With all the concern about how to manage the academic selection tests, I was inclined to join the voices on Twitter that said, in effect, I failed, but I'm okay now. Because I was entered into the 11-Plus in 1962. The markers determined that I hadn't done well enough and I was sent to a Christian Brothers' secondary school.
There I was taught woodwork and metalwork alongside Latin and Irish, among other subjects. The thinking seemed to be that I might yet turn out to be a joiner, or a priest. They were at least keeping their options open.
After that, they directed me more towards mainstream academic subjects, English and English literature, maths, additional maths and Irish. There was a token effort to teach me art and music and to make me fit in the gym, but there was nothing like the same concentration on these. I suspect the school thought I would probably be a civil servant.
On a visit to the school after O-Levels, the principal took me aside for special advice. "Learn to type," he said. That was good advice. Then I reflected a bit more on this statement I had so lightly made, that I had "failed the 11-Plus", and realised it is not true.
The fact is that the 11-Plus was devised to select out those children of my generation who were intellectually superior and who would get best value out of an academic education.
It was the 11-Plus which failed, because it didn't recognise that I was as bright as the boys who were being sent off to St Mary's, the grammar school; indeed, a damn sight brighter than some of them. As were all of the boys in the class I was in.
The exam that failed me was held a long time ago and I can't judge the current selection procedure by what was done then, but I doubt that it is really possible to assess among 11 year olds which will later be best suited to work that requires a computer and work that requires a spanner. I doubt that that is the intention, anyway.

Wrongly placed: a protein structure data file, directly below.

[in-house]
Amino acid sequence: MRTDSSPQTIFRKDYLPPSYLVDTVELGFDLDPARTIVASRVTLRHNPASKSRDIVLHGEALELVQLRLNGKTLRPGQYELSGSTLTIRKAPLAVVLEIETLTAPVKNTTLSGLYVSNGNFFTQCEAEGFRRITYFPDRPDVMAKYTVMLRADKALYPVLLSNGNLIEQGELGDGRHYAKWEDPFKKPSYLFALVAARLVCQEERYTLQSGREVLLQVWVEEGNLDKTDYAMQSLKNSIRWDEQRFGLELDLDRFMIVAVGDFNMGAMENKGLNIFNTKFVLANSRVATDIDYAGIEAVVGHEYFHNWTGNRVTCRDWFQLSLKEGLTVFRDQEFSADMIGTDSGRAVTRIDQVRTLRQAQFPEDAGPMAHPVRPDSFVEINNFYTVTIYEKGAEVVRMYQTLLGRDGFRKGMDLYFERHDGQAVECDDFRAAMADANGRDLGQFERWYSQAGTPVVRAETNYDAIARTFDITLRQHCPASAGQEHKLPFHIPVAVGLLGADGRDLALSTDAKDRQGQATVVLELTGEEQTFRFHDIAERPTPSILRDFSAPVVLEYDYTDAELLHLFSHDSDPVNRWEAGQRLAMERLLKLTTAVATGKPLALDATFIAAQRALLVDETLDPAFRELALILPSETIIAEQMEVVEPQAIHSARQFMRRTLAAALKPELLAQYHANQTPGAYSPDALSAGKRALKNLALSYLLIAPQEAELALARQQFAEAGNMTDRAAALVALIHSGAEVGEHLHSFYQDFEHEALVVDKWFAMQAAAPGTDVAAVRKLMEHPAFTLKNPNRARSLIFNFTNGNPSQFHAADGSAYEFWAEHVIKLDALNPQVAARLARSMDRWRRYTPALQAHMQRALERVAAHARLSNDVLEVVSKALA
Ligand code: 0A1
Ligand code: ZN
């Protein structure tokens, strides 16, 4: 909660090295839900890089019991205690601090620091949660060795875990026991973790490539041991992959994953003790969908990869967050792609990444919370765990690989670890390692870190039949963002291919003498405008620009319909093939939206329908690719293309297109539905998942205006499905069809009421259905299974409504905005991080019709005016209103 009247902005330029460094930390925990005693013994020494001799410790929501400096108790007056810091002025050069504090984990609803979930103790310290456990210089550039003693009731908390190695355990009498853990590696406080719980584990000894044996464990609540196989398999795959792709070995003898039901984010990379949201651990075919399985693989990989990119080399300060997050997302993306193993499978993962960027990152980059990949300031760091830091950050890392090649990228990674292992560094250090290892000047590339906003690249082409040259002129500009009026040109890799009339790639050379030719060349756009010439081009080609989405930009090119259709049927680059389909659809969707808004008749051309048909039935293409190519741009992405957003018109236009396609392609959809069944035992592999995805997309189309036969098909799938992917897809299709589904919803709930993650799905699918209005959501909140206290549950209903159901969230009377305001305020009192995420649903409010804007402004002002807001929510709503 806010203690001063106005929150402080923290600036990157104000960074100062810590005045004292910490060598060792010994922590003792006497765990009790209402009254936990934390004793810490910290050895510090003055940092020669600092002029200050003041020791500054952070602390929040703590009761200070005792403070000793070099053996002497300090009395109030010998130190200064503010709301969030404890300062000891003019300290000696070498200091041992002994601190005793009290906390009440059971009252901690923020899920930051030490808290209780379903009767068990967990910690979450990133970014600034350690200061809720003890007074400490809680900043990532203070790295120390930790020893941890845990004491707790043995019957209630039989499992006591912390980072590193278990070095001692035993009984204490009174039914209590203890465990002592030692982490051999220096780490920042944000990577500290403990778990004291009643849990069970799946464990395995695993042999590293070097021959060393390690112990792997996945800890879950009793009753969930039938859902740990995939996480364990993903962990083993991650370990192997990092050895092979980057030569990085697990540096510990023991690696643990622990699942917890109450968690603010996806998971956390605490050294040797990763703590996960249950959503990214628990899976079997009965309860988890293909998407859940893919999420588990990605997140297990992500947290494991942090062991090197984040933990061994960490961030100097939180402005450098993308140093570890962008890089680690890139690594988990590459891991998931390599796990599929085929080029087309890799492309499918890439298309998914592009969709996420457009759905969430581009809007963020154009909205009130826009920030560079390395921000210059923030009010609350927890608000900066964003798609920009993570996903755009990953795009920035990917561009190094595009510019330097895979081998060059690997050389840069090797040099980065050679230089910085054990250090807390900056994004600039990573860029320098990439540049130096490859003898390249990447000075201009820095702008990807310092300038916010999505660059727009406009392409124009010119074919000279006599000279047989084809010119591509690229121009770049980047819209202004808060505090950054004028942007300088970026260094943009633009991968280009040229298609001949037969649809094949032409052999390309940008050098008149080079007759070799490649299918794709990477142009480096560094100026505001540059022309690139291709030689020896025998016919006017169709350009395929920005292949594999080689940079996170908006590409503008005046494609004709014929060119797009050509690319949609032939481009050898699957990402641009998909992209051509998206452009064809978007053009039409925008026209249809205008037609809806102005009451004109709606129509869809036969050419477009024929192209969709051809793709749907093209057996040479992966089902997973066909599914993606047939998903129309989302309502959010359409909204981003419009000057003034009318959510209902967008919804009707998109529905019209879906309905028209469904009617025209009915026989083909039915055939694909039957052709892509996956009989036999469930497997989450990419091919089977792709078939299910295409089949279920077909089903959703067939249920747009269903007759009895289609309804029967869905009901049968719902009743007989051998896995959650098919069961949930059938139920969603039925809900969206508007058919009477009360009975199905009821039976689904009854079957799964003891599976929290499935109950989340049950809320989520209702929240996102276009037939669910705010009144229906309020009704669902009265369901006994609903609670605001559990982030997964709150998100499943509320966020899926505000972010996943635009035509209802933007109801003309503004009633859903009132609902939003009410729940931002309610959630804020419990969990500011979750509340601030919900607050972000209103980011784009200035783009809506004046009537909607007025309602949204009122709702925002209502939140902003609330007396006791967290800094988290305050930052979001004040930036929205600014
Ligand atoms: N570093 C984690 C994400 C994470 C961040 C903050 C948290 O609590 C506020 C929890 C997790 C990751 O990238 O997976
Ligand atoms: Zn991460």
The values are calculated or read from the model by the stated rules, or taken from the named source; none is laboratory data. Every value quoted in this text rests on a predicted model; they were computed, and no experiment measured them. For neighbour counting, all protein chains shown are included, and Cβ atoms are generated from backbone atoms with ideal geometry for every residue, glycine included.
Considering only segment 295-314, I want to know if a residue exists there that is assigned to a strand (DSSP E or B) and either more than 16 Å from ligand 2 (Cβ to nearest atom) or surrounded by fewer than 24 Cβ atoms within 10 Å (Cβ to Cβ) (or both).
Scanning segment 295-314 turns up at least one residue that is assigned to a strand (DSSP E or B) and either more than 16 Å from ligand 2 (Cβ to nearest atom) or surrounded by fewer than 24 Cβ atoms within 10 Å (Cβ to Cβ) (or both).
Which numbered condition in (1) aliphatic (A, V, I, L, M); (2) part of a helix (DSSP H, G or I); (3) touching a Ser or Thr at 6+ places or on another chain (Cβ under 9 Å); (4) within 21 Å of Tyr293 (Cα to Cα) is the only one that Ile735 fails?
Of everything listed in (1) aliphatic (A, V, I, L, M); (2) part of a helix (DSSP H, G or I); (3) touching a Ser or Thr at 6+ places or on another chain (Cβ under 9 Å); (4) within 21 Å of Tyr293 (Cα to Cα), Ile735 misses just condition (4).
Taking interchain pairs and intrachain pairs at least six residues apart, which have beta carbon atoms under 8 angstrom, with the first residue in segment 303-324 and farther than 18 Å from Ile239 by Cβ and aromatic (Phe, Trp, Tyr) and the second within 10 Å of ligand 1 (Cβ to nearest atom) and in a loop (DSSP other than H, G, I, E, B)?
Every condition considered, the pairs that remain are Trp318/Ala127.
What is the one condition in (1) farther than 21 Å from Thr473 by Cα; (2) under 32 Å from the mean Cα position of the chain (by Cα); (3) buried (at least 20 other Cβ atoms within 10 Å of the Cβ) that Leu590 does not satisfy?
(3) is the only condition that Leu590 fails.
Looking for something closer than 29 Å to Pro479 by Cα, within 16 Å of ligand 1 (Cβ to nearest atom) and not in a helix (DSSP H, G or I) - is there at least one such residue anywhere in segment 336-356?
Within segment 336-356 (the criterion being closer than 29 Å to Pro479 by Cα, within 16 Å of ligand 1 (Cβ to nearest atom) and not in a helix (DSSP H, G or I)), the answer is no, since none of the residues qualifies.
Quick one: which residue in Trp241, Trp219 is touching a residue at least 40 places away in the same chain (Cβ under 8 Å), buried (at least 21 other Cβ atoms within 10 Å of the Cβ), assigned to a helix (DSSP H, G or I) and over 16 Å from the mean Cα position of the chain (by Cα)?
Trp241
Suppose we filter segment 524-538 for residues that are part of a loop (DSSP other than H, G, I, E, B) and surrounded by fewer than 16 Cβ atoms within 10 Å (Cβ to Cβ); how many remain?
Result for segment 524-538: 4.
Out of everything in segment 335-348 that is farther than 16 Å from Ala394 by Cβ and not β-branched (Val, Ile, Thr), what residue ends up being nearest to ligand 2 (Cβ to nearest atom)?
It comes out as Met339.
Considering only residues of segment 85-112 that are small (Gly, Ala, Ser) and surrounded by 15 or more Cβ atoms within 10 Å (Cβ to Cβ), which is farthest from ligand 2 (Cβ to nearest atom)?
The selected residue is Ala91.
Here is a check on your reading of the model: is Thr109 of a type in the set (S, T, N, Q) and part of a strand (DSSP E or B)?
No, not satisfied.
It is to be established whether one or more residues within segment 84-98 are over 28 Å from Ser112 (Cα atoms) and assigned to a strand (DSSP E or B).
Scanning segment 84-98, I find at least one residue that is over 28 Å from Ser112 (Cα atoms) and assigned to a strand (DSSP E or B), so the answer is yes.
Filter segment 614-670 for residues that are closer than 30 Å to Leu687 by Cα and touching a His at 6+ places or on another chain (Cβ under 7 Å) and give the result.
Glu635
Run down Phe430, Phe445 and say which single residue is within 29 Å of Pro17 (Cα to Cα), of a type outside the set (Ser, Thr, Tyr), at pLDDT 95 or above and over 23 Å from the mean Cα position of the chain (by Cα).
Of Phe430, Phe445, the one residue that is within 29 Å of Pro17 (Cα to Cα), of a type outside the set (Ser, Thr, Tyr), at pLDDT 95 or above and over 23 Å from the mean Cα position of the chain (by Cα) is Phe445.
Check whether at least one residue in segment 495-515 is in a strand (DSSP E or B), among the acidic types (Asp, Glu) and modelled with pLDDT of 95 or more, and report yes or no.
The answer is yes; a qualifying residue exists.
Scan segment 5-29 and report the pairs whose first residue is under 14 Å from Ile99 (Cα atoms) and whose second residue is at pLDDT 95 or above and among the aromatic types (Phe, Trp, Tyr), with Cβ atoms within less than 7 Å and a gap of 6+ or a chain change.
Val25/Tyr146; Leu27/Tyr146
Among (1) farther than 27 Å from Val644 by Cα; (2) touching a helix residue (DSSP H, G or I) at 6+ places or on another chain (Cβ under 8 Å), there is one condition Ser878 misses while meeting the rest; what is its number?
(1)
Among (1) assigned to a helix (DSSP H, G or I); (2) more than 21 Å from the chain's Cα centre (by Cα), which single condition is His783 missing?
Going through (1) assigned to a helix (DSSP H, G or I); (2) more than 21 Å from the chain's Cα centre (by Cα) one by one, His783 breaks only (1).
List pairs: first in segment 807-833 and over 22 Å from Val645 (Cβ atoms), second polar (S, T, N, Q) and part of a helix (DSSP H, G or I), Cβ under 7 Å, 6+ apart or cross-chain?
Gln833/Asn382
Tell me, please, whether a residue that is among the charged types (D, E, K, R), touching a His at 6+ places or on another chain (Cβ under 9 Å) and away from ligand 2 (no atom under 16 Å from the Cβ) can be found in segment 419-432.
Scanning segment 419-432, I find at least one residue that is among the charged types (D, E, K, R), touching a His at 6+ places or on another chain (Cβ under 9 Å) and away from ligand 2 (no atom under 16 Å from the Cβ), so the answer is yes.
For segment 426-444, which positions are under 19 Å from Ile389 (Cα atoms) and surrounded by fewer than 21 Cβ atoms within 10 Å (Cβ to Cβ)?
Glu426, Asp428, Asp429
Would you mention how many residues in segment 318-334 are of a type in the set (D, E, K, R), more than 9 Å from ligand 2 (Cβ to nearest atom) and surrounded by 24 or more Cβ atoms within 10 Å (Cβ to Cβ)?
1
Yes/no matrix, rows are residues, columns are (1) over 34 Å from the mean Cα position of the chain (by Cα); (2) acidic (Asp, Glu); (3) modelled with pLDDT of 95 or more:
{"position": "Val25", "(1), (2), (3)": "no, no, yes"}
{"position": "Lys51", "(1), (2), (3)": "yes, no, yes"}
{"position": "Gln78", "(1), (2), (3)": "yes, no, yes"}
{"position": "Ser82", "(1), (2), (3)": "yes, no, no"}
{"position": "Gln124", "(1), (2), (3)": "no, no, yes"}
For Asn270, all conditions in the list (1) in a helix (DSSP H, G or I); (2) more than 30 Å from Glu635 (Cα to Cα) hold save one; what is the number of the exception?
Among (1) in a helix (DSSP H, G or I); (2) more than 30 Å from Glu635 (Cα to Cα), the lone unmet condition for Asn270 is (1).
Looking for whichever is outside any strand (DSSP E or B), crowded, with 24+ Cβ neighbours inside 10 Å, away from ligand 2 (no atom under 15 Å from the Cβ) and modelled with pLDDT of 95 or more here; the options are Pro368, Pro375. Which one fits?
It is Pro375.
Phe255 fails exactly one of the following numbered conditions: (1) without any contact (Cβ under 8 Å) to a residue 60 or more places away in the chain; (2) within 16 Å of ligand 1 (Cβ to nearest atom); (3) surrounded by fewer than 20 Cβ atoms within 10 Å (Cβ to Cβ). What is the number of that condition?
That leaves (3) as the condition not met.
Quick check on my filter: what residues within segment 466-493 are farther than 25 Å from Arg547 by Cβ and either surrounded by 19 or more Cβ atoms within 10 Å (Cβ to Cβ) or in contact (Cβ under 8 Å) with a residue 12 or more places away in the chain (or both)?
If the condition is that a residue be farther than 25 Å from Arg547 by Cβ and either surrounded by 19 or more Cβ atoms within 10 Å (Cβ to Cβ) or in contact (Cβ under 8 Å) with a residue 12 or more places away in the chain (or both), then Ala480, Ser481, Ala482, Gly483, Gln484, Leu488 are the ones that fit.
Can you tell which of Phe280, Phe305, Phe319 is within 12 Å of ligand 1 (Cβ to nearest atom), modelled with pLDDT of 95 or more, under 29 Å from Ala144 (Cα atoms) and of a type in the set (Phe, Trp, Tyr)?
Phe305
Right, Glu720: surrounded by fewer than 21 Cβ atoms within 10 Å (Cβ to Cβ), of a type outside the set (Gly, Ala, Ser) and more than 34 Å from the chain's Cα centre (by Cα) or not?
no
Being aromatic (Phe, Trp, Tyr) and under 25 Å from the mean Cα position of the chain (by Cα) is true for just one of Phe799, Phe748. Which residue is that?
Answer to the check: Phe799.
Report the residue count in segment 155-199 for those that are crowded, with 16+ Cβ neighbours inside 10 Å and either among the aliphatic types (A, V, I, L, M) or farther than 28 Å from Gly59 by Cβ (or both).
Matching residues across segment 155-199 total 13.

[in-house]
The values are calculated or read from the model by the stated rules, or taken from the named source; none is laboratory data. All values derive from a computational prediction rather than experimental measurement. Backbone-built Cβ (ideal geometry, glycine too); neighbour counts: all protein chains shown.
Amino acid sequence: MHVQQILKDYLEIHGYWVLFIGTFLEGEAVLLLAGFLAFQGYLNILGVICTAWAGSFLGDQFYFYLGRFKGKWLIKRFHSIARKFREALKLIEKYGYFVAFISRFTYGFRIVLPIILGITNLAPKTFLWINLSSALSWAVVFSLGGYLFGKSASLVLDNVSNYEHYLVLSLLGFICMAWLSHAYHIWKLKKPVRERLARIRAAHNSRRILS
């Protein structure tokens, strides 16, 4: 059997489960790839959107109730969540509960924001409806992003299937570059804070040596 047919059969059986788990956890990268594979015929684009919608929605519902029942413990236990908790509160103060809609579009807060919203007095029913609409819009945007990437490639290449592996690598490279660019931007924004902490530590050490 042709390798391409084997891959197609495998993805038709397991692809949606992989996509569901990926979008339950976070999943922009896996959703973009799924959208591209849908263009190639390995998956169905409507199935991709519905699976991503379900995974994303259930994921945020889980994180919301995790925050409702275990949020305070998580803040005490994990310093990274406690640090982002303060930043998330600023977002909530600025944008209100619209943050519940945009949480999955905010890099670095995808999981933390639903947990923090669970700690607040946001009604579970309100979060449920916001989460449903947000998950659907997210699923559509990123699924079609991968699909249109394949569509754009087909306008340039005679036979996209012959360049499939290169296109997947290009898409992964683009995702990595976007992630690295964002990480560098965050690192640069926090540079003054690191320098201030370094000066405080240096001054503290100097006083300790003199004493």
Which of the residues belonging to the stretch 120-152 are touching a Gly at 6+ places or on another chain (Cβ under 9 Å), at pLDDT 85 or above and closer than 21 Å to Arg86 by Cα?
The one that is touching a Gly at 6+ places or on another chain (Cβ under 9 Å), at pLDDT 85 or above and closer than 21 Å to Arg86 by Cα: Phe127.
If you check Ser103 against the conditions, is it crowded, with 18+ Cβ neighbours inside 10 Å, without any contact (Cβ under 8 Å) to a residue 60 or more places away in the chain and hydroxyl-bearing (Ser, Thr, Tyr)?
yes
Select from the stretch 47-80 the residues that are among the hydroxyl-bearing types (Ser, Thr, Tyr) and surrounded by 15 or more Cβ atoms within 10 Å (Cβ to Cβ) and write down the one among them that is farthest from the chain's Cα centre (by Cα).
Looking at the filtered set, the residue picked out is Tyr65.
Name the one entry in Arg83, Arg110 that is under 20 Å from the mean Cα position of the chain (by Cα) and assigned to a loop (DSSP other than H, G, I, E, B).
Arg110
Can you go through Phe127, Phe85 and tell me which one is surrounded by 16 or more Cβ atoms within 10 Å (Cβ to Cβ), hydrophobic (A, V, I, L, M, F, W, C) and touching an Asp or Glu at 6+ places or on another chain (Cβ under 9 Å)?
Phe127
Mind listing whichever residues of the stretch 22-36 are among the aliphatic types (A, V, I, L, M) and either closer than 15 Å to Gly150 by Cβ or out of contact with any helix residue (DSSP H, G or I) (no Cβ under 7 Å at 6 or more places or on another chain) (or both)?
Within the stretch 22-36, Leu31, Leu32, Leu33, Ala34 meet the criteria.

The outworking of selection is that some children are directed towards grammar schools and some are classed as failures and sent to other schools with that brand on them.
Since that is the result and this is determined by smart people who no doubt passed the 11-Plus themselves, then one must presume that that is the intention. And that the price to be paid for the success of some is the humiliation of other children.
I would prefer that we had an education system which operated on the same principle as the NHS and directed its resources and energies primarily at the areas of greatest need.
In that case, if we were doing any selecting at all we would be finding those children who are most disadvantaged within the system and helping them first, instead of demoralising them and sending them to the back of the queue.
Selection of the bright, and concentration on them is the wrong approach to educating children and the proof is in the poor outcomes.
We brag to the world that we have a superior education system, but roughly a quarter of our young adults have difficulty reading and writing and this has not been getting better.
Grasp of elementary grammar is a challenge even for several of our MLAs. It is routine to hear some of them using phrasing like "should have went", or "I done".